Arriving back at the car, the preliminary bird count stretched to some 50 species. Not a bad effort. Anticipating lunch at Yan Yean Reservoir the party performed a more focused getaway, abandoning the expansive reaches of Galgi Ngarrk for the altogether more watery surrounds of Yan Yean Reservoir.

Chestnut Teal – John Van Doorn

By the time of lunch the bright sunlight of the morning was quickly turning to high cloud. Gathering under a friendly eucalypt, lunch was had in convivial fashion before heading along the dam wall towards the top lookout. A series of small and thickly-vegetated ponds below the dam wall yielded some interesting sightings: a mother Australasian Grebe with 4 chicks; Musk Lorikeets; and, a pair of Golden Whistlers. Circling overhead were several Australian Pelicans, White, and Straw-necked, Ibises.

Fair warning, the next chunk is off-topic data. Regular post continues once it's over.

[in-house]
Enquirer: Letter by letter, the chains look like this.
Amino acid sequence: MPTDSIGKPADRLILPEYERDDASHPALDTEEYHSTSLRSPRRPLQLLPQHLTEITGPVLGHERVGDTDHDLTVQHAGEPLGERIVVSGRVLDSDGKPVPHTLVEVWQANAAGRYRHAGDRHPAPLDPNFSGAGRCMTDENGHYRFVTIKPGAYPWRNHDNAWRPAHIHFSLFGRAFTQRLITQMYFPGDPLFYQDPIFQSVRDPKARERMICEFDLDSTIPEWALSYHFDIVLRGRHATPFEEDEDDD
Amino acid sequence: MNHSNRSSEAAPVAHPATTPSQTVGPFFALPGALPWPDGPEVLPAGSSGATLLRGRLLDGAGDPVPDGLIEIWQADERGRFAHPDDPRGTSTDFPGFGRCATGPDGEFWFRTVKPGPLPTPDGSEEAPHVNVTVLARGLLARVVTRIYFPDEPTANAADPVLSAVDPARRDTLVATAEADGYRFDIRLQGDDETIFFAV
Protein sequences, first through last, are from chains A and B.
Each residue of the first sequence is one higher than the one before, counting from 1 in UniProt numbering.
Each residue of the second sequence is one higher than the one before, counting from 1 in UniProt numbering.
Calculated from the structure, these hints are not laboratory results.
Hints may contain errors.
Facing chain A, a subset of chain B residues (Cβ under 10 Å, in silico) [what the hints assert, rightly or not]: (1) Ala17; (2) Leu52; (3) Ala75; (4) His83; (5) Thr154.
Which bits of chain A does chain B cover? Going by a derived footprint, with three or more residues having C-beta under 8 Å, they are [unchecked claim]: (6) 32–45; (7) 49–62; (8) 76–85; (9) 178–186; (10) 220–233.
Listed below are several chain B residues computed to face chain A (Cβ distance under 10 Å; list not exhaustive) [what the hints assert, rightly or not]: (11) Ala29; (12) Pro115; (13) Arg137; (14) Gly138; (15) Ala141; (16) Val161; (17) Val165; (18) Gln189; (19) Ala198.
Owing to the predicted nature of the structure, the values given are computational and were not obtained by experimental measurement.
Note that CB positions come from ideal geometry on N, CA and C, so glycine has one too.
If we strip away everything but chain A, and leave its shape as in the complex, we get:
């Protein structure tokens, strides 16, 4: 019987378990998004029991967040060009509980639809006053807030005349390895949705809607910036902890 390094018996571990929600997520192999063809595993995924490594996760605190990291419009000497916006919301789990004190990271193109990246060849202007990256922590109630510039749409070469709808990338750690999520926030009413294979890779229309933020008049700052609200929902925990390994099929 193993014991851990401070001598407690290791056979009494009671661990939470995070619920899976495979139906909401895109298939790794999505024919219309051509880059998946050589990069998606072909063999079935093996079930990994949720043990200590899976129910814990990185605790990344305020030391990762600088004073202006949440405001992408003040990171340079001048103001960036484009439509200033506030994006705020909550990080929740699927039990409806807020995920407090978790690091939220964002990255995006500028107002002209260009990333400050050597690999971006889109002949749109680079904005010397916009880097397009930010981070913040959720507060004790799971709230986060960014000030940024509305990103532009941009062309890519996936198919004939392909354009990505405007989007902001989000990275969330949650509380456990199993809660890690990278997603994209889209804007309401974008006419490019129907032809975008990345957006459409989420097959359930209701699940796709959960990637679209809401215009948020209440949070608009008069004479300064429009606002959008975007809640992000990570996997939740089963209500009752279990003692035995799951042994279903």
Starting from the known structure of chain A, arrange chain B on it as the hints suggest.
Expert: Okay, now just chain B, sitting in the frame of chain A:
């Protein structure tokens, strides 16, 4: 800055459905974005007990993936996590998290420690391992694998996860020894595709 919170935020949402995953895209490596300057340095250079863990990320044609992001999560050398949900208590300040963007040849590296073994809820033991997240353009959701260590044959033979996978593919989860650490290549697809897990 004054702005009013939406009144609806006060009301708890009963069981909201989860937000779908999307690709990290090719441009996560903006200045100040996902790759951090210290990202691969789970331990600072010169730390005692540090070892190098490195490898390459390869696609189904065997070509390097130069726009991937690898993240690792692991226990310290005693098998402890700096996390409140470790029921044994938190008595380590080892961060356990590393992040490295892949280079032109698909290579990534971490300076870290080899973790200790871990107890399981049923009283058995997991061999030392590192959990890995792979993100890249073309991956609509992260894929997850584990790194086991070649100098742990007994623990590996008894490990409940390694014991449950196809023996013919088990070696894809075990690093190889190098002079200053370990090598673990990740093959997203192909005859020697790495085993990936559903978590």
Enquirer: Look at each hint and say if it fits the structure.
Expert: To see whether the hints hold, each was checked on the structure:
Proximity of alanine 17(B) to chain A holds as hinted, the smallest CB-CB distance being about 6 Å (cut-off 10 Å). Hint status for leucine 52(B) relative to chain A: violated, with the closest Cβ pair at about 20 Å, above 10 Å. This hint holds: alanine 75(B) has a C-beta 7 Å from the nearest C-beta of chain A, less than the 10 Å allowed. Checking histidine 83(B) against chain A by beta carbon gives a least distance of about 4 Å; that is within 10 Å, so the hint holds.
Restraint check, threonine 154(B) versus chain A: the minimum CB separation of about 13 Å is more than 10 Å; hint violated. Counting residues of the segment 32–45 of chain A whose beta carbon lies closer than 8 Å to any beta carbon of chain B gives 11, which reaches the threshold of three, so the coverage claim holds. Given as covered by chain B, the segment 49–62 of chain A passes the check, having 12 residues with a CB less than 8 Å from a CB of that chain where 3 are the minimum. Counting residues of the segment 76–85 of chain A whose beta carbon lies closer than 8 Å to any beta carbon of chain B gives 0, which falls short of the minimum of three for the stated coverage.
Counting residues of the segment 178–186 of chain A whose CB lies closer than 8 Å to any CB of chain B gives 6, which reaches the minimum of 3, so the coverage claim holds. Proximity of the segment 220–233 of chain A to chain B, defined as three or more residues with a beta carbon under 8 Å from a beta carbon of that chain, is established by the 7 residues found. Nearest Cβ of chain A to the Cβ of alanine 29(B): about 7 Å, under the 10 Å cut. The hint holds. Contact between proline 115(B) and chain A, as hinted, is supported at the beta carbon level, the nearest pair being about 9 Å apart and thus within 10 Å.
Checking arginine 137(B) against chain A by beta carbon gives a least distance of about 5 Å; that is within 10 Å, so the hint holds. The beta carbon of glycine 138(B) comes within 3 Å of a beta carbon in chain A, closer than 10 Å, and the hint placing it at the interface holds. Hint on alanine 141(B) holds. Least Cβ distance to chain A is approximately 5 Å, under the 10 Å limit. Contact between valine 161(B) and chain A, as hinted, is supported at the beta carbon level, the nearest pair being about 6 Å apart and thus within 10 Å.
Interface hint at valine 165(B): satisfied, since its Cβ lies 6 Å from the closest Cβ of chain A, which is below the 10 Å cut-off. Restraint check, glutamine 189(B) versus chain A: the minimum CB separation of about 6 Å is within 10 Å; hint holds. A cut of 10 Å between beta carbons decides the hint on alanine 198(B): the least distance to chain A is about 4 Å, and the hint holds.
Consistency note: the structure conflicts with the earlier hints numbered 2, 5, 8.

Musk Duck – Steve Waller

The slopes of the lookout provided good opportunities for improving duck identification skills. Even through binoculars, large numbers of waterbirds were just black dots. However, Musk ducks (both adult and juvenile) were close enough for a positive ID, as were Hardheads, Black Swans and the usual assemblage of Eurasian Coots, Grey teal, Chestnut Teal and Pacific Black Ducks. However, the cormorants and egrets on the nearby shore provoked the most discussion. Unable to see over or through the boundary fencing generated an unseemly to and fro regarding exactly what birds were there. The final result (at the risk of reopening old wounds) was confirmed as a group of Little Black Cormorants, a few Little Pied Cormorants and a Great Egret or two (I think).

Great Egret – Steve Hoptroff